are interesting because it may tell us a lot about how our brain works and, in particular,
about the other "rapid eye movement", the one that occurs while we are sleeping
(see this introduction
to eye movements,
see this introduction
to saccadic movements,
see this seminar,
and, for example, this paper).
The mystery, of course, is how can we perceive a stable world when our eyes are continuously
changing target (a phenomenon known as "visual stability").
We should be perceiving a rather messy and frantic world.
The German neurologist Alex Thiele is studying neuronal
activity related to saccadic eye movement. His findings prove that the brain regulates
the saccadic eye movement and "suppresses" some of the information in order to present
a world as stable as possible.
Saccades have been found to be shortcuts to relevant information in the environment.
Since we cannot store the entire world in our brain, we simply store pointers to what
is truly important in the environment. When we need to retrieve information, we use
saccades. Basically, we retrieve information as we need it, instead of storing it
permanently in our brain.
Yarbus already knew that, while apparently random, the pattern of saccadic eye movements
depends on the cognitive task to be performed (on what information we need to retrieve).
For example, when we need to identify someone, the saccadic eye movements focus mostly on
the eyes and the mouth.
These are the regions that we mostly rely on for face recognition.
Saccadic eye movement is not a random sampling of the environment, but a highly specific
indexing of relevant information in the environment.
- The American neuroscientist
Matthew Wilson from the Centre for Learning and Memory at the MIT
is studying the way experience is represented and stored in the brain of rats.
The idea is that one can examine the patterns of neural activity in the brain
and relate those patterns to something that happened to the individual (rat) and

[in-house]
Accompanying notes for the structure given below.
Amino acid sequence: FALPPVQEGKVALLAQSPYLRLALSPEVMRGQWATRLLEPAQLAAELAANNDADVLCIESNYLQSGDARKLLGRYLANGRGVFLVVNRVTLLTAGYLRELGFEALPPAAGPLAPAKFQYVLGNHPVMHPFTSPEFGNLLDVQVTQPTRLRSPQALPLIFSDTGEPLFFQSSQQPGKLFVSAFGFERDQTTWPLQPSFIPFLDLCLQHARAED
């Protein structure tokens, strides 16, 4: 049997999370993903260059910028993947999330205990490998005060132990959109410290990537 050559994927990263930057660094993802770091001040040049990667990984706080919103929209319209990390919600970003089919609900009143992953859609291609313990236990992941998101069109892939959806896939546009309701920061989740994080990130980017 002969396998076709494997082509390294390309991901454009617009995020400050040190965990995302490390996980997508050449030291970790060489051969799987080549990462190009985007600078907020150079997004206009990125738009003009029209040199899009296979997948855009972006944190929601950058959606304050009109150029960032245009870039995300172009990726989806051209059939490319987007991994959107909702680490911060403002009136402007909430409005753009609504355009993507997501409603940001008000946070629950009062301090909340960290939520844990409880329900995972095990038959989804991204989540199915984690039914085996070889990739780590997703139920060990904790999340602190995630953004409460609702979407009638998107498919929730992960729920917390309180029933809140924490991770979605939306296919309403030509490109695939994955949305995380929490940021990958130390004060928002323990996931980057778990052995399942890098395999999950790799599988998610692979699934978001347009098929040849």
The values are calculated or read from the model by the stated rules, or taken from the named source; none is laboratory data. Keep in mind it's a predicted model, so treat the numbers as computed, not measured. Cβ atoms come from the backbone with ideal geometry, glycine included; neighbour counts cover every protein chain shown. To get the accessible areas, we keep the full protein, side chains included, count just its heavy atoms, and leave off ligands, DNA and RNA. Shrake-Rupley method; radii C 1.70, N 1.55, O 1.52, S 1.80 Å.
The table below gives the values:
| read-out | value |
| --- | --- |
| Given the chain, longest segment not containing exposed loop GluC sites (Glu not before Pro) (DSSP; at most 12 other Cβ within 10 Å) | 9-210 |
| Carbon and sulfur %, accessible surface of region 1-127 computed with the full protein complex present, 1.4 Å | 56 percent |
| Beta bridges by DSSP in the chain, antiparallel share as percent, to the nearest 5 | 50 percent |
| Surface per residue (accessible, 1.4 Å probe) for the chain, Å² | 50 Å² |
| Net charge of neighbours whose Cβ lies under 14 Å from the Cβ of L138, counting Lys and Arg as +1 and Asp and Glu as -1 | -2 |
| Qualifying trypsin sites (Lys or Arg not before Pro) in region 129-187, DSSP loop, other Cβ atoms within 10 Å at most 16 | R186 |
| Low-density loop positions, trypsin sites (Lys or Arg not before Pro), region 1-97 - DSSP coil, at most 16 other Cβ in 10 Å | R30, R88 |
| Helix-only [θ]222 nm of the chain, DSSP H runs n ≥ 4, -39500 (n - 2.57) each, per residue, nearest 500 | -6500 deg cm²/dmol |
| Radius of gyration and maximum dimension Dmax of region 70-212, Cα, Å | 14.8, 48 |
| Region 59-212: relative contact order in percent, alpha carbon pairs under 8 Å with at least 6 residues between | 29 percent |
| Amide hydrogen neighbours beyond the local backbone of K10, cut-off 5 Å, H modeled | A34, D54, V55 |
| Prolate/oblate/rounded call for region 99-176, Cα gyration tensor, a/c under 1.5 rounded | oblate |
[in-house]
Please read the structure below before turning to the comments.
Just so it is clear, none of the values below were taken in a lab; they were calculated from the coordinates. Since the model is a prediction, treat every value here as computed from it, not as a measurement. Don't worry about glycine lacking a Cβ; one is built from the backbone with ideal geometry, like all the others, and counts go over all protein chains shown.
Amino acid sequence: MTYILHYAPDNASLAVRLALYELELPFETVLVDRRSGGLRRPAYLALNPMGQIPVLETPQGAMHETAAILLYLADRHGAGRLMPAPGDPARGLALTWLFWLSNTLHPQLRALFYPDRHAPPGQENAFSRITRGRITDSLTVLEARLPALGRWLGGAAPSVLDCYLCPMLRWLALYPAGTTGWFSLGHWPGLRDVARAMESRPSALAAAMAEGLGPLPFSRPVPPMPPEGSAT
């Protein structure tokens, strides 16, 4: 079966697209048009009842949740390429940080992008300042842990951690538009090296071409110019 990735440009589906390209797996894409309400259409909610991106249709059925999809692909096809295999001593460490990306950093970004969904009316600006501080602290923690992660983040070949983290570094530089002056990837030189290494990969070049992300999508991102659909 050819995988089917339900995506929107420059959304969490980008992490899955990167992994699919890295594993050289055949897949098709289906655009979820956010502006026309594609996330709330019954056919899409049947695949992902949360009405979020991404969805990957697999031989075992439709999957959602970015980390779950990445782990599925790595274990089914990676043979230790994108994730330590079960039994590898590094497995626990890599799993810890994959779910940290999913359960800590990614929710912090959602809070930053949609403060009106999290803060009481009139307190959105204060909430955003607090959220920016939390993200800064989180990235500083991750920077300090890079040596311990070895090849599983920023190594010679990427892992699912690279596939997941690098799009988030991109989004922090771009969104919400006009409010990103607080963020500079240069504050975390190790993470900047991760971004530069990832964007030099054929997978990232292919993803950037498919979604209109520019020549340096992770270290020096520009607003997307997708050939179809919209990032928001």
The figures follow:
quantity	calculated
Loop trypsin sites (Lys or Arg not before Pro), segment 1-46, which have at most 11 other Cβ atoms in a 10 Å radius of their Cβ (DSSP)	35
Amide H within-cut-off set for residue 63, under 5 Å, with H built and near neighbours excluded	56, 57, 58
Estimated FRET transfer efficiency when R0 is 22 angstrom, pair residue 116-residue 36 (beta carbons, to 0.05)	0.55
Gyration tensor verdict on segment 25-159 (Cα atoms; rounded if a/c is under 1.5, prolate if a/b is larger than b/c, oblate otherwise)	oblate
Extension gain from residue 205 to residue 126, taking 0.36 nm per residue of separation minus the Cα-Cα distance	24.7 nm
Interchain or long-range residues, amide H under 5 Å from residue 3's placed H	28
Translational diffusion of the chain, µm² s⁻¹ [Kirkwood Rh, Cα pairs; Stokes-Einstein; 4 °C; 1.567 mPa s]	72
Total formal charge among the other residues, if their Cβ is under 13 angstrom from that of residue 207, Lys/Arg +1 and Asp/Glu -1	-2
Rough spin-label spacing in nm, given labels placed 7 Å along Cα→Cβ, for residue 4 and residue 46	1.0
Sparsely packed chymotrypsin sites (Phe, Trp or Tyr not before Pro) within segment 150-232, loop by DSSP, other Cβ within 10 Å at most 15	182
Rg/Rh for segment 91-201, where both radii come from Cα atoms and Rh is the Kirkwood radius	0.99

that is being processed in the brain.
The same studies can be applied to dreams.
Dreams are widely believed to be a means to consolidate memories acquired during
the day, by playing them against the genetic repertory and moving them from
short-term memory to long-term memory.
For example, patterns of neural activity in the hippocampus
that occurred during the day will reoccur during sleep periods.
By observing which neural patterns arise (and by correlating them to previous
neural activity), one can actually guess what the rat is dreaming of.
- The American psychiatrist Gregory Berns (of Emory University)
is studying the brain circuits that are responsible for impulsive behavior such as playing the stock market, gambling, rooting for a soccer team. It turns out these are the same brain circuits that
evolved to help us cope with survival issues (food, sex, danger). Those brain
circuits are largely outside the sphere of influence of your "conscious"
experience. We react by "instict" to those survival issues.
Our brain seems to be built in such a way as to avoid "thinking" about issues
that are a matter of life and death. As we acquire data from our surroundings,
some of them are first processed by the
and are "perceived" only after a response has already been programmed.
The fact that trivial chores, such as investing in the stock market or rooting
for a soccer team, also fall outside "conscious experience" lends credence to